Pentoxifylline is thought to promote healing by improving microcirculatory blood flow. A Cochrane Review (Jull et al, 2012) has informed the SIGN Guideline on Management of chronic venous leg ulcers (SIGN, 2010) and the NICE Clinical Knowledge Summary on venous leg ulcers (NICE, 2016), which recommend considering pentoxifylline to improve ulcer healing. The review found that pentoxifylline is effective for treating venous leg ulcers as an adjunct to compression, and that it also appears to be effective in the absence of compression. Adverse effects were mainly gastrointestinal disturbances.
A Cochrane Review (de Oliveira Carvalho et al, 2016) published last year found insufficient evidence to draw firm conclusions about the possible benefits and harms of aspirin on the healing and recurrence of venous leg ulcers. A randomised trial investigating the effectiveness of aspirin for healing venous leg ulcers (AVURT) is currently in progress.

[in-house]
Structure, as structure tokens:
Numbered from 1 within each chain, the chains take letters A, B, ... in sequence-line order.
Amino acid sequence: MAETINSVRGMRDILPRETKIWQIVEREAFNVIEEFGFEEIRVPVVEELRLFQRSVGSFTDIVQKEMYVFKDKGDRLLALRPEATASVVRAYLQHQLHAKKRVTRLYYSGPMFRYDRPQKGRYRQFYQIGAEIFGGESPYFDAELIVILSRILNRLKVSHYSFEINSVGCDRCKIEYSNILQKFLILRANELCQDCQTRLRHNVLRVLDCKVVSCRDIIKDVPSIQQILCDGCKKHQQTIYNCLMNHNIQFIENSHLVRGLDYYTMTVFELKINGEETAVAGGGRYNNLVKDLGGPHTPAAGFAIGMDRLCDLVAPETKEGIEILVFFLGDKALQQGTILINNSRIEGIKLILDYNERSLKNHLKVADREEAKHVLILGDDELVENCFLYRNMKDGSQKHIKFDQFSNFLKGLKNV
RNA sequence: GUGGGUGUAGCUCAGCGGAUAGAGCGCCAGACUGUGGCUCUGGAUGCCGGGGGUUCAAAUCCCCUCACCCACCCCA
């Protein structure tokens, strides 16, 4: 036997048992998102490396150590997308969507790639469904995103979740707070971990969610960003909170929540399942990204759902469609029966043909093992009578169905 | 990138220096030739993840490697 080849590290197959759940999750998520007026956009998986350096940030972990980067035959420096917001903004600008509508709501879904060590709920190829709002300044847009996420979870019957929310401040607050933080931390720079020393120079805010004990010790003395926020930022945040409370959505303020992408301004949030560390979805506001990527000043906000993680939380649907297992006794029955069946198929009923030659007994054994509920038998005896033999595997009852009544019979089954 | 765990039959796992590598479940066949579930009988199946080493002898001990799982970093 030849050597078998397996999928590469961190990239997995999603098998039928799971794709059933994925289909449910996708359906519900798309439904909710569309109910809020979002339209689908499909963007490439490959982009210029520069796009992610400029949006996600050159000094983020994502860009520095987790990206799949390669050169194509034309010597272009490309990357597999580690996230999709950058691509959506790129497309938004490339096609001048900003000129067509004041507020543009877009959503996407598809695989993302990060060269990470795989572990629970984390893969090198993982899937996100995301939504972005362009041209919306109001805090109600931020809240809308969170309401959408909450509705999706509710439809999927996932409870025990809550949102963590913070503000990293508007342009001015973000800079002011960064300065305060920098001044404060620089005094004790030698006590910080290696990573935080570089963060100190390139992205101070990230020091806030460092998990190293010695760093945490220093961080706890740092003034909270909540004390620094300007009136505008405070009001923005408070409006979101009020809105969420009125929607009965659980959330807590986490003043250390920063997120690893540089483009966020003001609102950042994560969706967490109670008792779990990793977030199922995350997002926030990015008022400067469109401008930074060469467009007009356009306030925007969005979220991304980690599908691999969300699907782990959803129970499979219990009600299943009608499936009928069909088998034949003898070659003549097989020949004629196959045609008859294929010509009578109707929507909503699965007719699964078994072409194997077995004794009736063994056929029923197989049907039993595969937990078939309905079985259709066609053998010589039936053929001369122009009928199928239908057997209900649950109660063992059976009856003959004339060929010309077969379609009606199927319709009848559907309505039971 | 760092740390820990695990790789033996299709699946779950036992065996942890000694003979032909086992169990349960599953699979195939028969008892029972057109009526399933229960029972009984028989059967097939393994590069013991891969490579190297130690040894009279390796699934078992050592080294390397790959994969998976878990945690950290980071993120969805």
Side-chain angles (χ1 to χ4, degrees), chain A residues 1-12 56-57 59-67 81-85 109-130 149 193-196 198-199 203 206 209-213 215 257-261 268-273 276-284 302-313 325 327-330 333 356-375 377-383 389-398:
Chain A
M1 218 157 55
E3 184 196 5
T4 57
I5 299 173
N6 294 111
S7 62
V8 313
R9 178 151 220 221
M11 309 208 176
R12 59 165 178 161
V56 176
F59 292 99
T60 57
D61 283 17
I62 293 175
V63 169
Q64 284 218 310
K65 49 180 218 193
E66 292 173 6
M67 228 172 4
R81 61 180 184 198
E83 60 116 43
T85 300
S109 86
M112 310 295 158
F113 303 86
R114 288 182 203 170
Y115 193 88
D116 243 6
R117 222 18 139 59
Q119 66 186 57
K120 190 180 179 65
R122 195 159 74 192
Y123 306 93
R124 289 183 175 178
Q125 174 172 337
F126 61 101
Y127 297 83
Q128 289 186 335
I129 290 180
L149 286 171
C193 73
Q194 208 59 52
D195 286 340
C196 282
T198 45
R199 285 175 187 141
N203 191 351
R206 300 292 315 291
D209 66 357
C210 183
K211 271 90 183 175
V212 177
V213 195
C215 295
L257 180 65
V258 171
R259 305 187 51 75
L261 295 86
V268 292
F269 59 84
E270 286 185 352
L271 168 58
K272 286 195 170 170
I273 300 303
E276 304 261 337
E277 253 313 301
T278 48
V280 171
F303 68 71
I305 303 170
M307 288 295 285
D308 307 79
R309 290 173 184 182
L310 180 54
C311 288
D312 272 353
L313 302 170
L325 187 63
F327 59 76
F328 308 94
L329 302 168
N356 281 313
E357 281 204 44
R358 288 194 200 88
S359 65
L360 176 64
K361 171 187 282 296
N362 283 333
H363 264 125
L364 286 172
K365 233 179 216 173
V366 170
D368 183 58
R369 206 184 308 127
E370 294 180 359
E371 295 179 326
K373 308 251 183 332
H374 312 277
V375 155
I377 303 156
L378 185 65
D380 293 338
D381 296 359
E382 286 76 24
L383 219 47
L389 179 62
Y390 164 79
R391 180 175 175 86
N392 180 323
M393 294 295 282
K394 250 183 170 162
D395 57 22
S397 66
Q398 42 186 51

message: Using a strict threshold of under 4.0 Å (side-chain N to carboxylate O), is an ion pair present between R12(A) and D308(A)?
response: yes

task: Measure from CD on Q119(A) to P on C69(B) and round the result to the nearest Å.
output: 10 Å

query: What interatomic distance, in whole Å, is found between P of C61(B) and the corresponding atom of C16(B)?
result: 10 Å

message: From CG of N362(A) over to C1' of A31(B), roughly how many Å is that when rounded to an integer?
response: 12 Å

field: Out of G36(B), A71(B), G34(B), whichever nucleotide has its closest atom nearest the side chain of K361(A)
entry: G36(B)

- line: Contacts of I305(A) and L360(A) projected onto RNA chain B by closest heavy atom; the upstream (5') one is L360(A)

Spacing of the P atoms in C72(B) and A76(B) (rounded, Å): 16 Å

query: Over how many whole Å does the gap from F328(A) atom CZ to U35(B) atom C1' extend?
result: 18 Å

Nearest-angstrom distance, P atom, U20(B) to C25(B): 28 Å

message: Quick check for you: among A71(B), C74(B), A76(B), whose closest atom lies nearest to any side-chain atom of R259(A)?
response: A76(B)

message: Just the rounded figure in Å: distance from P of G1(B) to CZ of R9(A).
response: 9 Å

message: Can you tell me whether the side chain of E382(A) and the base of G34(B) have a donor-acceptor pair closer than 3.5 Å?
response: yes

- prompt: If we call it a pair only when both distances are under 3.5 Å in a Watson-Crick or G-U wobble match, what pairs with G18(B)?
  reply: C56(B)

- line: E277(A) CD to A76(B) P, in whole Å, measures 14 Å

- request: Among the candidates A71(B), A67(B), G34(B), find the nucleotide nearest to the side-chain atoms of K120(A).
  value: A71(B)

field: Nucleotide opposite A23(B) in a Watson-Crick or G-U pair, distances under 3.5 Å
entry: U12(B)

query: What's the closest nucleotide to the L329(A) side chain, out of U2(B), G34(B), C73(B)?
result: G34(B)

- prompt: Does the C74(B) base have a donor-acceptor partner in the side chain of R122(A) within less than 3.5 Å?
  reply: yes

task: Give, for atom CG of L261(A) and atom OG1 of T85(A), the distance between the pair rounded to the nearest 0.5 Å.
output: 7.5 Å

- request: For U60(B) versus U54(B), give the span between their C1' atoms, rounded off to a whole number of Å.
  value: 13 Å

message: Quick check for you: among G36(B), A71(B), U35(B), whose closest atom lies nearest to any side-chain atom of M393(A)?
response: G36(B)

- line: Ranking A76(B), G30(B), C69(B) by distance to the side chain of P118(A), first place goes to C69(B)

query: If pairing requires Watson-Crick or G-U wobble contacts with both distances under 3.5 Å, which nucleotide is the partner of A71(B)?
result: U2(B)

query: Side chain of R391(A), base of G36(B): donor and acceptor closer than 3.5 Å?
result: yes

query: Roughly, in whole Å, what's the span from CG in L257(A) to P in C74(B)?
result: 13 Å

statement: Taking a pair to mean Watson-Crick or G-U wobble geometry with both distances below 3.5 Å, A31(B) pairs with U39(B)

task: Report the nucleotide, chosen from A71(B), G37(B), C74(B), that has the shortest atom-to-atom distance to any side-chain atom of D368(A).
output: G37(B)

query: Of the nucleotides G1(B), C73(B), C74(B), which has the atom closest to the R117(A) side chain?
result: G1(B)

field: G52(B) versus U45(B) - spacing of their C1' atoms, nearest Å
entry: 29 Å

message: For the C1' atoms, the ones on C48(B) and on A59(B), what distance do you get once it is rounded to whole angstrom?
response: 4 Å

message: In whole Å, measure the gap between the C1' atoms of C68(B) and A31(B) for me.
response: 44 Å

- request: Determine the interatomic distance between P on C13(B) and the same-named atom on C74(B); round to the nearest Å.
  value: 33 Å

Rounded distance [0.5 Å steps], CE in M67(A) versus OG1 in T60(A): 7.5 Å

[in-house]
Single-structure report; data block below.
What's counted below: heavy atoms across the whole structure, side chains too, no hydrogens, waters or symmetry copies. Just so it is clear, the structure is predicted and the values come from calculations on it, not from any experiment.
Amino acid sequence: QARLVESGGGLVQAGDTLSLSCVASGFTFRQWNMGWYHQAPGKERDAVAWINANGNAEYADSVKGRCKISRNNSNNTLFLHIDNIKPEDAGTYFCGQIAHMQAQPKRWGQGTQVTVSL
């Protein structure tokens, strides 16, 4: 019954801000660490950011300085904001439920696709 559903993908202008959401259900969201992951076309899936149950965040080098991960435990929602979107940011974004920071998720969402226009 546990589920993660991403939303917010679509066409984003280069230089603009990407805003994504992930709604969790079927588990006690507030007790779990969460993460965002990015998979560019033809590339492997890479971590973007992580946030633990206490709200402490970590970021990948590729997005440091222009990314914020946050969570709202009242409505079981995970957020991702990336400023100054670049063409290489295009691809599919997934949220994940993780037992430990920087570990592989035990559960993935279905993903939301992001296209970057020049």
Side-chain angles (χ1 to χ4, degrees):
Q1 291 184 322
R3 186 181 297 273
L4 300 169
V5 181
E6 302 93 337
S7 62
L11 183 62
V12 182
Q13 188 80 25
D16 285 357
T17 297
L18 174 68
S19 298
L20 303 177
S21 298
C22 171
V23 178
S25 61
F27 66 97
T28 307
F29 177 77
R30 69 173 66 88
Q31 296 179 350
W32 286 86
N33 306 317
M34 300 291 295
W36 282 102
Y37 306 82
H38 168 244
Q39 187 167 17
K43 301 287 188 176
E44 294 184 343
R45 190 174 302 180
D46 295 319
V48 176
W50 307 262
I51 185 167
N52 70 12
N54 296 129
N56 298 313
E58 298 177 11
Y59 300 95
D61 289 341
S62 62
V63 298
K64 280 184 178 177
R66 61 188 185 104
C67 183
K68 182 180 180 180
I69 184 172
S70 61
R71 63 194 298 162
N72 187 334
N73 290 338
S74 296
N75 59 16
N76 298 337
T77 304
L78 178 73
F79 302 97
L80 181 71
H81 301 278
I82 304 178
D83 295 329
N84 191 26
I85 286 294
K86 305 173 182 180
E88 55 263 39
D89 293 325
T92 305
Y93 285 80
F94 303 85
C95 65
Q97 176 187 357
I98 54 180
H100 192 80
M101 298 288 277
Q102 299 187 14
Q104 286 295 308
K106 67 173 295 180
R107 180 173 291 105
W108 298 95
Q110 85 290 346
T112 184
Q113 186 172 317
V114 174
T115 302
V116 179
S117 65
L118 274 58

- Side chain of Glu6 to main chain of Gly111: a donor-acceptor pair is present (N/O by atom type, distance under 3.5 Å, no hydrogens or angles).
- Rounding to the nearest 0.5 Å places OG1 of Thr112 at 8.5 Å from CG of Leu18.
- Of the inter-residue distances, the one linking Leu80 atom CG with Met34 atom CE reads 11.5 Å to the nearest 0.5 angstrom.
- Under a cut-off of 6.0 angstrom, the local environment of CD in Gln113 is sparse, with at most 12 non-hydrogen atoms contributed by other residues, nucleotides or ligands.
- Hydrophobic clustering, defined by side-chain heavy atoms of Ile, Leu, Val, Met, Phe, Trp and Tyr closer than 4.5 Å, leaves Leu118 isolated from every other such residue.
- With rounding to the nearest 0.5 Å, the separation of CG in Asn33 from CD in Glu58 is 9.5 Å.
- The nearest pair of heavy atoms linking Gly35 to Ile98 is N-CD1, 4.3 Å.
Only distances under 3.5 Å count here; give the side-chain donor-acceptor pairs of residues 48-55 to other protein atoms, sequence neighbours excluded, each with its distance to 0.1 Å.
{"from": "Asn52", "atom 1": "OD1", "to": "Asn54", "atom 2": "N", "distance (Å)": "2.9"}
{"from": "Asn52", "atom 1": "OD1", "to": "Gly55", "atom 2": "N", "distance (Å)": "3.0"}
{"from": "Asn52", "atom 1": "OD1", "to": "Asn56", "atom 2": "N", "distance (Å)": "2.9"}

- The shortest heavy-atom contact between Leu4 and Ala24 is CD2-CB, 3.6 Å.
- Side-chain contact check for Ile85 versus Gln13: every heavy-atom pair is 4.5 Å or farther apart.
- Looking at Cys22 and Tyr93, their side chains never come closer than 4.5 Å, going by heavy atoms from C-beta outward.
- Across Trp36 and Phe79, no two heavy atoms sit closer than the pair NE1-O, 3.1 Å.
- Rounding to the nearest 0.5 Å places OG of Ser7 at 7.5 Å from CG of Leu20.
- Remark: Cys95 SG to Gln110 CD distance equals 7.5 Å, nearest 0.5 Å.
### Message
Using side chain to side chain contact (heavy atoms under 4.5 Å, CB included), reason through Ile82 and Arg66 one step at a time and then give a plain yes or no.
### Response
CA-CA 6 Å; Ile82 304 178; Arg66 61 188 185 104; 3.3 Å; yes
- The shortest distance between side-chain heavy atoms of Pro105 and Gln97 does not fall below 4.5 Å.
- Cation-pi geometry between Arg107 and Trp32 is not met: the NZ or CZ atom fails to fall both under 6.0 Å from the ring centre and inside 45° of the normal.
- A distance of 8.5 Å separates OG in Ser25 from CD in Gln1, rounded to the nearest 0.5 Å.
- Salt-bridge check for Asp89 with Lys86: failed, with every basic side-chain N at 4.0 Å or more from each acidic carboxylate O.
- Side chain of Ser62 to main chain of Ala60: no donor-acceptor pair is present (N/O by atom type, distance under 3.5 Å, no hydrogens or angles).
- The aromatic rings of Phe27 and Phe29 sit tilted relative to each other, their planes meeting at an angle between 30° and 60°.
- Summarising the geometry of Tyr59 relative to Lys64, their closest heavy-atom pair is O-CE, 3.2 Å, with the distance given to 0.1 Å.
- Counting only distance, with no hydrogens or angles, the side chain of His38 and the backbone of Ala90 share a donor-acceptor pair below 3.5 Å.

Sulodexide, a highly purified glucosaminoglycan, has been proposed as an adjunctive treatment for venous leg ulcers, as it is claimed to have antithromboic, profibrinolytic and anti-inflammatory effects. Given orally or parenterally, it is mostly given to people with thrombotic risk diseases. A recent Cochrane Review (Wu et al, 2016) found only low quality evidence that it may increase venous ulcer healing, used along with local wound care. The route, frequency and dosage of sulodexide were poorly reported and it is unclear whether it is associated with adverse effects.
A Cochrane Review (O’Meara et al, 2014) identified an evidence gap on the use of systemic antibiotics to promote VLU healing and noted that current prescribing guidelines recommend that antibacterial preparations (systemic and topical) should only be used where there is clinical infection, rather than just bacterial colonization. This is the guidance given in the only one of the eight guidelines considered in the EWMA document to mention systemic antibiotic use (Franks et al, 2016).